Traditional song structures and strong choruses abound, as well as some nice fretwork and solid tub bashing. The vocals immediately strike the listener as the most noticeable element of the band as the sheer enthusiasm and character that they have is a welcome change – there’s no way you could accuse this singer of not giving his all. The vocals appear to be imbued with the full force of his personality in a way that is relatively rare these days. In fact the entire album sounds out of place in today’s modern metal climate in many ways as it is a very individual record with scant regard for trends and cliques, etc.

A refreshing blast from the past come to liven up the present.

Monte Penumbra – Heirloom of a Sullen Fall (Review)

Monte PenumbraA rich amalgamation of Black Metal and Doom; Monte Penumbra’s début album may be relatively short at only 35 minutes, but it is packed to the hilt with texture and interesting things going on.

Slow, doom-laden Black Metal played with skill and passion; Monte Penumbra know their art and know how to get the most out of their songs. Interesting riffs, atmospheric interludes, tempo changes; this is bleak-yet-Black Metal that hits the spot; sludge hijacked by Black Metal and bent to its will.

The vocals are varied – ranging from chants, screams to powerful almost-singing; a welcome change from the generic.

This is an enjoyable album for those times when you’re in the mood for something a bit more brooding and well-paced, thoughtful and introspective yet still drenched in Black Metal’s distinctive colours.

Funeral Circle – Funeral Circle (Review)

Funeral CircleFuneral Circle play Epic Doom Metal. This album is all about the songs, the feeling of Doom, and the weighty guitars.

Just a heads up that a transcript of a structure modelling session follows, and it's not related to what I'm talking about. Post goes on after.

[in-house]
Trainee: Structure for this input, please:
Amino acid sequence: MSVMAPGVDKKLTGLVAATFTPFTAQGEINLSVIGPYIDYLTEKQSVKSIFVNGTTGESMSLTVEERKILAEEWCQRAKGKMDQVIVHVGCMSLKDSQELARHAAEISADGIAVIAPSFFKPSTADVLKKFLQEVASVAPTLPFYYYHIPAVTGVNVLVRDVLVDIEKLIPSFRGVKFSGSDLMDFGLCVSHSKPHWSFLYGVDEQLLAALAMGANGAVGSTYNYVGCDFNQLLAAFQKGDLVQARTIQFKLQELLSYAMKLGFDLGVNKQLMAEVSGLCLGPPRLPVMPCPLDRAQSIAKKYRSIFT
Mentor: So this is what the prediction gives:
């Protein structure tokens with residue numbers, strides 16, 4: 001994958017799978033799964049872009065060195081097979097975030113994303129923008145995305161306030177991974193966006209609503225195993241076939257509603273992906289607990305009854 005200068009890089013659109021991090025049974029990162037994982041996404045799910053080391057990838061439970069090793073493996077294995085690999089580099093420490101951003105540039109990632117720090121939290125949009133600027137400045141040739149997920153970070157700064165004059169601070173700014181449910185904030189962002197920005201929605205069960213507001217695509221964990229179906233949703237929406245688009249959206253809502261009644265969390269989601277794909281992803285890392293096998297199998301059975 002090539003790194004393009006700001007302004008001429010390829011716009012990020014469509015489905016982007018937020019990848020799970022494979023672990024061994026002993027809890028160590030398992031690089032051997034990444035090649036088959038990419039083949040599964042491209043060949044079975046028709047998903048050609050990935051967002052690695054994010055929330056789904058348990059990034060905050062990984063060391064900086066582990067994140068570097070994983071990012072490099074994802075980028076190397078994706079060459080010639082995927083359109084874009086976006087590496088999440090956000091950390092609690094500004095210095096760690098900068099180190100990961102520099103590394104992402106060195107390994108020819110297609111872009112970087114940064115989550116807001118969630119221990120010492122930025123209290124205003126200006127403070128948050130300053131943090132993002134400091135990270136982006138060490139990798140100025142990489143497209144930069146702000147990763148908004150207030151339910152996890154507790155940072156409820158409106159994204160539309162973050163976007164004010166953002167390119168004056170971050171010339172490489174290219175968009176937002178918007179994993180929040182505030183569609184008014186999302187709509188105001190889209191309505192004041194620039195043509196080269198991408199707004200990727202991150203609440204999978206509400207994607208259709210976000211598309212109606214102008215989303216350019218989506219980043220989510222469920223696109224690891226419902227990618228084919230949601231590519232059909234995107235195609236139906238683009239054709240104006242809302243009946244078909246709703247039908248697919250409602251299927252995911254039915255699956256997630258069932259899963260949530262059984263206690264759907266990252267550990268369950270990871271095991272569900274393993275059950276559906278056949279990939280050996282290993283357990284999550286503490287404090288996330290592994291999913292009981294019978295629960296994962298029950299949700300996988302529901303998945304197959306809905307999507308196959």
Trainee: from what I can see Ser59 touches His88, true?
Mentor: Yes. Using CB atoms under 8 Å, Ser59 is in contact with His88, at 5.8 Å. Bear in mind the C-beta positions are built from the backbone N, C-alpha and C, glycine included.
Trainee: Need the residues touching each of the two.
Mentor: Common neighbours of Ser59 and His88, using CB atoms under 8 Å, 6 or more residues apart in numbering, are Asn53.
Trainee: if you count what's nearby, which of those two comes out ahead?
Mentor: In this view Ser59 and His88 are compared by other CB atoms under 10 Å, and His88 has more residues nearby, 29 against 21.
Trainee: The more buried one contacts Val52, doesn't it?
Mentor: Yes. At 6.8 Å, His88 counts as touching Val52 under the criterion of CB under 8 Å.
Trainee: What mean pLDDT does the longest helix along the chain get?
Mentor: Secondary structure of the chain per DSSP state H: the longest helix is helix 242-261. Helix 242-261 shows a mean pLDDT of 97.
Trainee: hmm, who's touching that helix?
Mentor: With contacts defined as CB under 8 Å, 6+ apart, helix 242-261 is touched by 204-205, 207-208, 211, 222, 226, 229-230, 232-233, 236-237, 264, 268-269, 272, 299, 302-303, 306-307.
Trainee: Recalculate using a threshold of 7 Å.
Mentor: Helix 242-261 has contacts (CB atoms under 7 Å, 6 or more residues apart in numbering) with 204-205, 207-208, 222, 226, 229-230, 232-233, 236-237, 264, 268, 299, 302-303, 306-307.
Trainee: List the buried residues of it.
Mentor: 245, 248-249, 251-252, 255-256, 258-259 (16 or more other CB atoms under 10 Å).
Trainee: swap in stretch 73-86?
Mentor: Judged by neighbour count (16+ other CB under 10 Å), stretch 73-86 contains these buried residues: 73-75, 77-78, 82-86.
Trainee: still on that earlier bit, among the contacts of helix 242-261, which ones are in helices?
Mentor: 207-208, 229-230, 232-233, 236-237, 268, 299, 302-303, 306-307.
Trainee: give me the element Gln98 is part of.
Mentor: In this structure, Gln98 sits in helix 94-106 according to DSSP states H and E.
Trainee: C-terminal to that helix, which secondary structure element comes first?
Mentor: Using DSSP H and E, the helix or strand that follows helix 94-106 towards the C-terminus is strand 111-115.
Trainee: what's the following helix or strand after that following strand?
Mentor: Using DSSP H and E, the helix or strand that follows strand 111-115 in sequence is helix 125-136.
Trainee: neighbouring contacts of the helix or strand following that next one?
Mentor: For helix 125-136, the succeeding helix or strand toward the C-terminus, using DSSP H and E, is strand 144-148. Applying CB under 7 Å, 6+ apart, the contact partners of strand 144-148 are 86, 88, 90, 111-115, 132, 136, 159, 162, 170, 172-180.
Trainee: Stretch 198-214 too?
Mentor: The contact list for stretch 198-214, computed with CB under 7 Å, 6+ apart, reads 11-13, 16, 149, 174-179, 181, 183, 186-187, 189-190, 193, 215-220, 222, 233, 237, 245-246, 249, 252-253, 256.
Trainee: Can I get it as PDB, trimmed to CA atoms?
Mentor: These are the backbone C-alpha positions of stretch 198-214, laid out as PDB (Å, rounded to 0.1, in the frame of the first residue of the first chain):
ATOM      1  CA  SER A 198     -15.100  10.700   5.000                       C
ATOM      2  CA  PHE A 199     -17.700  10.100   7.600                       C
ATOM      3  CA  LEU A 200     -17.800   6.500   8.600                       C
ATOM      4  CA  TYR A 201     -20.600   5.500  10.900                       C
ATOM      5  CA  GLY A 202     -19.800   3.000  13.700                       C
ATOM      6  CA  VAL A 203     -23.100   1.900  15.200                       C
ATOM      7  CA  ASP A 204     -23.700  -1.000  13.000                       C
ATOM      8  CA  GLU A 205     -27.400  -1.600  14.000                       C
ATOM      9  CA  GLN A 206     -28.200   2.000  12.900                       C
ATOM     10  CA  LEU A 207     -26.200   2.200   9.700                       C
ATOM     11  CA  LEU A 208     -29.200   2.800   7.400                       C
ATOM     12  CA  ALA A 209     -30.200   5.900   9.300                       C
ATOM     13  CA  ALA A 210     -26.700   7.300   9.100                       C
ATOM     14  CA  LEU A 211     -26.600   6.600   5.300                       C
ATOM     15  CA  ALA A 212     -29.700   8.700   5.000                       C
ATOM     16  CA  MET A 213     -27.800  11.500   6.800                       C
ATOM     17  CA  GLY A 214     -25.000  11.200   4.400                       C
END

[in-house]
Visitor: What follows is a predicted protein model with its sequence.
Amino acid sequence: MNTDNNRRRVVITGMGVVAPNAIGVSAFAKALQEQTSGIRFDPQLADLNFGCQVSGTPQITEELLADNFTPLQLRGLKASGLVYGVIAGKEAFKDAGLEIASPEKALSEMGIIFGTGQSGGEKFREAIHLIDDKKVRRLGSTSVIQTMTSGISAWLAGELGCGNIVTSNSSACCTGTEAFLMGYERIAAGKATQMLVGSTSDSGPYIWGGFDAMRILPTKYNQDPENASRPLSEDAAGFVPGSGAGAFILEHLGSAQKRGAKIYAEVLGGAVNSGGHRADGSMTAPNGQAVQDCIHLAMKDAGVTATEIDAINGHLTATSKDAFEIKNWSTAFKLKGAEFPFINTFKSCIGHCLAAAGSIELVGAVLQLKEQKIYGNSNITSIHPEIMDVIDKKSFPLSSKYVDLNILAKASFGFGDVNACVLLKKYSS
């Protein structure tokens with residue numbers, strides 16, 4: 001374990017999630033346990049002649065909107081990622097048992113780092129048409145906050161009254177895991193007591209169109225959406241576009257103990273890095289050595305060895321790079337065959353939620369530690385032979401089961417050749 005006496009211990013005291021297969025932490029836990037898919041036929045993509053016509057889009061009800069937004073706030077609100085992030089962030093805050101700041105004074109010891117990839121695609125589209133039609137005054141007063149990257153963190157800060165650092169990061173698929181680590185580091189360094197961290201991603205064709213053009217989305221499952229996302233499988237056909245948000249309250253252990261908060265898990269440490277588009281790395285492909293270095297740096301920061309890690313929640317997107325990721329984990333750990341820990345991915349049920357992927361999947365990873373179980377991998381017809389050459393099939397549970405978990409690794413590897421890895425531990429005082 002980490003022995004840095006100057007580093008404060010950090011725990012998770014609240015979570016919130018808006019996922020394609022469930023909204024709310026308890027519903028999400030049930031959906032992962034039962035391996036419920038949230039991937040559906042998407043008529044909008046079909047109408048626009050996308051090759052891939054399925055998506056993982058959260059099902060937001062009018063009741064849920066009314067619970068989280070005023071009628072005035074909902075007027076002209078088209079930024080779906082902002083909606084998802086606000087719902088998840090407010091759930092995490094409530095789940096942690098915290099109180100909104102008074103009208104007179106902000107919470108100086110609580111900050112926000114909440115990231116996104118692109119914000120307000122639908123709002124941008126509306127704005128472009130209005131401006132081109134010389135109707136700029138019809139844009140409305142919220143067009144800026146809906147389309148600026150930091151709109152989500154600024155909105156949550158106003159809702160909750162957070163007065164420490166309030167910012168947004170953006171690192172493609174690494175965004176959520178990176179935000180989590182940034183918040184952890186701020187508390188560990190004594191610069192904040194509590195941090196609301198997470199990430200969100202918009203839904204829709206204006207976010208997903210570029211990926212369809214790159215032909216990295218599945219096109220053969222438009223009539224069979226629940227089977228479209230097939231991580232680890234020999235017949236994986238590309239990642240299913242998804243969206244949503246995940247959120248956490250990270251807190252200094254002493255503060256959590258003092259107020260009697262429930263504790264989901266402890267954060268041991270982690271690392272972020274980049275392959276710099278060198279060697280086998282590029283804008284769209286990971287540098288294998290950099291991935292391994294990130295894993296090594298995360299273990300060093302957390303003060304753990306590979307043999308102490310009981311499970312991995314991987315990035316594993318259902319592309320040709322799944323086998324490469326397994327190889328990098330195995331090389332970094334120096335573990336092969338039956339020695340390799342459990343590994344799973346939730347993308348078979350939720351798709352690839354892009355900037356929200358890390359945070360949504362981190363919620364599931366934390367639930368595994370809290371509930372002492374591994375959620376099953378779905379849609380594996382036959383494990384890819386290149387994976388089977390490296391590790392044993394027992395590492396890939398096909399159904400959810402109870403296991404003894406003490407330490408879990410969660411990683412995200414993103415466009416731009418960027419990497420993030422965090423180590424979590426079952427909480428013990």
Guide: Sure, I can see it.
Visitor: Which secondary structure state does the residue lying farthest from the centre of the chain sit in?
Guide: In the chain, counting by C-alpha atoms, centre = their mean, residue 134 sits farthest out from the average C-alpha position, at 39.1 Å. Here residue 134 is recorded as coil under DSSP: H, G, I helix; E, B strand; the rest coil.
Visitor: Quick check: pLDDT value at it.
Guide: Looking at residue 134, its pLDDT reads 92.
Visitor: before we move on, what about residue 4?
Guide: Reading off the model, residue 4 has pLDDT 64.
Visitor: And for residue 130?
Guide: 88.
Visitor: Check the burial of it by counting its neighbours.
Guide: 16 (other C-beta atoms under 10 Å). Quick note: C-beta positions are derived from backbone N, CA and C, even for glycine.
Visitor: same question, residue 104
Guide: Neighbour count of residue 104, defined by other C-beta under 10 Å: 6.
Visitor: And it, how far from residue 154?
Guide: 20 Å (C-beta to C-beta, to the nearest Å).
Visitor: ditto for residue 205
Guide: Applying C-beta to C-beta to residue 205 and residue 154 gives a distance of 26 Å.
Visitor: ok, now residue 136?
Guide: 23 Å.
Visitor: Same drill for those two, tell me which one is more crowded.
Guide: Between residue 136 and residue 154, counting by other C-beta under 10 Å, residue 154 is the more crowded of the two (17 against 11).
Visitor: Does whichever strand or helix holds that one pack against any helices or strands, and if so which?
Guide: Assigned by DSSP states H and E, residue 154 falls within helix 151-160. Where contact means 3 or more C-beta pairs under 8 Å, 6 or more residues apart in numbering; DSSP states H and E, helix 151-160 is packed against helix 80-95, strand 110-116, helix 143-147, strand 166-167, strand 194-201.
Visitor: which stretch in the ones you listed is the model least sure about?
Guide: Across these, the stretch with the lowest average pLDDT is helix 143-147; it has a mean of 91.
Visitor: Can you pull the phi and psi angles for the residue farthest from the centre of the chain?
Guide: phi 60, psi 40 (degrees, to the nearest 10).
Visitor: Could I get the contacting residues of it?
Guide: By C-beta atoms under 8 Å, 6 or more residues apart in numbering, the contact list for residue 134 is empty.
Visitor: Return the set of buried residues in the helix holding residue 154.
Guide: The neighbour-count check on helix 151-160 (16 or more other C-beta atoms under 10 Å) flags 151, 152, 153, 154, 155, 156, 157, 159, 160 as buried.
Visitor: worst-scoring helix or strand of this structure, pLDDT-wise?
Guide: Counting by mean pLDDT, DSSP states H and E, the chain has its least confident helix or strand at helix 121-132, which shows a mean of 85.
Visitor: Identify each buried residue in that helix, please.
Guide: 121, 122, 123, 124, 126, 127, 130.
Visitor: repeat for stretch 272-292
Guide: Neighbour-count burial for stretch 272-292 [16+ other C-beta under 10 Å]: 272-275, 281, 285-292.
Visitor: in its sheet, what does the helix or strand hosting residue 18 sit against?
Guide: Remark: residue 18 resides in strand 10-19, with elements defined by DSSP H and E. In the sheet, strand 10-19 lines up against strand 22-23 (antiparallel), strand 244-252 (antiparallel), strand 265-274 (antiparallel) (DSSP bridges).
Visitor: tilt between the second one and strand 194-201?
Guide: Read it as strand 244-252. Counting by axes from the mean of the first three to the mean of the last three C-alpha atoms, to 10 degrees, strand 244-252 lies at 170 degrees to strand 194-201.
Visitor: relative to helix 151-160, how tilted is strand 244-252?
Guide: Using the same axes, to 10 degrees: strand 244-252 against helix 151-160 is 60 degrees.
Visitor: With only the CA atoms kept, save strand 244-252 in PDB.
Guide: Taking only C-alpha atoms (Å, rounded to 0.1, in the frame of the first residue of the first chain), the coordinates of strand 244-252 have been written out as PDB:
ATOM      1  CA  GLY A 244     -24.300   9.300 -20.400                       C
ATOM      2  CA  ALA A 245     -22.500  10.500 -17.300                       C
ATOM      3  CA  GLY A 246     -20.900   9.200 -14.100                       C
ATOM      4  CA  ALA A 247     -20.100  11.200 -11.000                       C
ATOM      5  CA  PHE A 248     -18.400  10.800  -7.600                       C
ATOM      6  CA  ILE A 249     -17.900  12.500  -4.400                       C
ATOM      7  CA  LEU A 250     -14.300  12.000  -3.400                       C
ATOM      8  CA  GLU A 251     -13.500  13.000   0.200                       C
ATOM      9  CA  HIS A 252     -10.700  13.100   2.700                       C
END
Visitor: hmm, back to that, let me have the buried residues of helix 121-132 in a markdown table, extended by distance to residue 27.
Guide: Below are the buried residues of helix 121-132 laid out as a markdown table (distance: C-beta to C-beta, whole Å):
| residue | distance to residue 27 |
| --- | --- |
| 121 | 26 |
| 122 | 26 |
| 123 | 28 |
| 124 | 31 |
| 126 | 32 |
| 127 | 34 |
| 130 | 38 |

At 51 minutes it is a decent length and every track is really enjoyable. Harking back to an older time of more traditional song structures and Doom inspired themes and feeling, yet with a powerful production and sound that makes it sound contemporary, without ever sounding too polished or stale. Funeral Circle have a sound which is alive and warm, wrapping their arms around you like a comfy blanket. Only it’s a comfy Doom Metal blanket, of course.

The songs are well-crafted and perfectly judged, never outstaying their welcome or straying into pedestrian areas. The musicianship is first-rate and does justice to the songwriting, bringing each track alive. With vocals that are powerful and inspiring, the singer perfectly fits the music with a great range and depth to his voice.

This is traditional-style Doom Metal played with conviction and power. Along with bands like Pallbearer and 40 Watt Sun this is exactly what this genre should sound like in 2013. Strong harmonies, excellent vocals and everything focused on the song. A win.

Abbotoir – MCMXV (Review)

AbbotoirSometimes music can seem more than just music – sometimes it seems like a force of nature. MCMXV is like that. Only two tracks, but over 50 minutes of music. Heavy, colossal, doom. This is the début album by this Irish doom band. Their first release was an EP (XLI) which whet the appetite nicely and this album follows hot on the heels of that.

Their style of doom is a filthy, dirgy, primal one. Primarily slow, (obviously), but not afraid to mix it up now and again in true sludge fashion. Indeed; both songs have their faster moments, but even these are covered in grime and filth, and the atmosphere steadfastly remains one of decay and neglect, further enhanced by the effects in the background of the primary instruments.

This is an album that will only improve with time. The repetitive nature of some of the dirgy riffs burrows into your subconscious and refuses to leave. A most welcome, if rotten, earworm; loudly insisting that you return for more foetid delights in the dank recesses of the Abbotoir.

With this release Abbotoir have proved that they are not one-(bong)-hit wonders and instead are capable of carving a niche for themselves in the doom scene. And I, for one, hope they continue to do so far some time to come.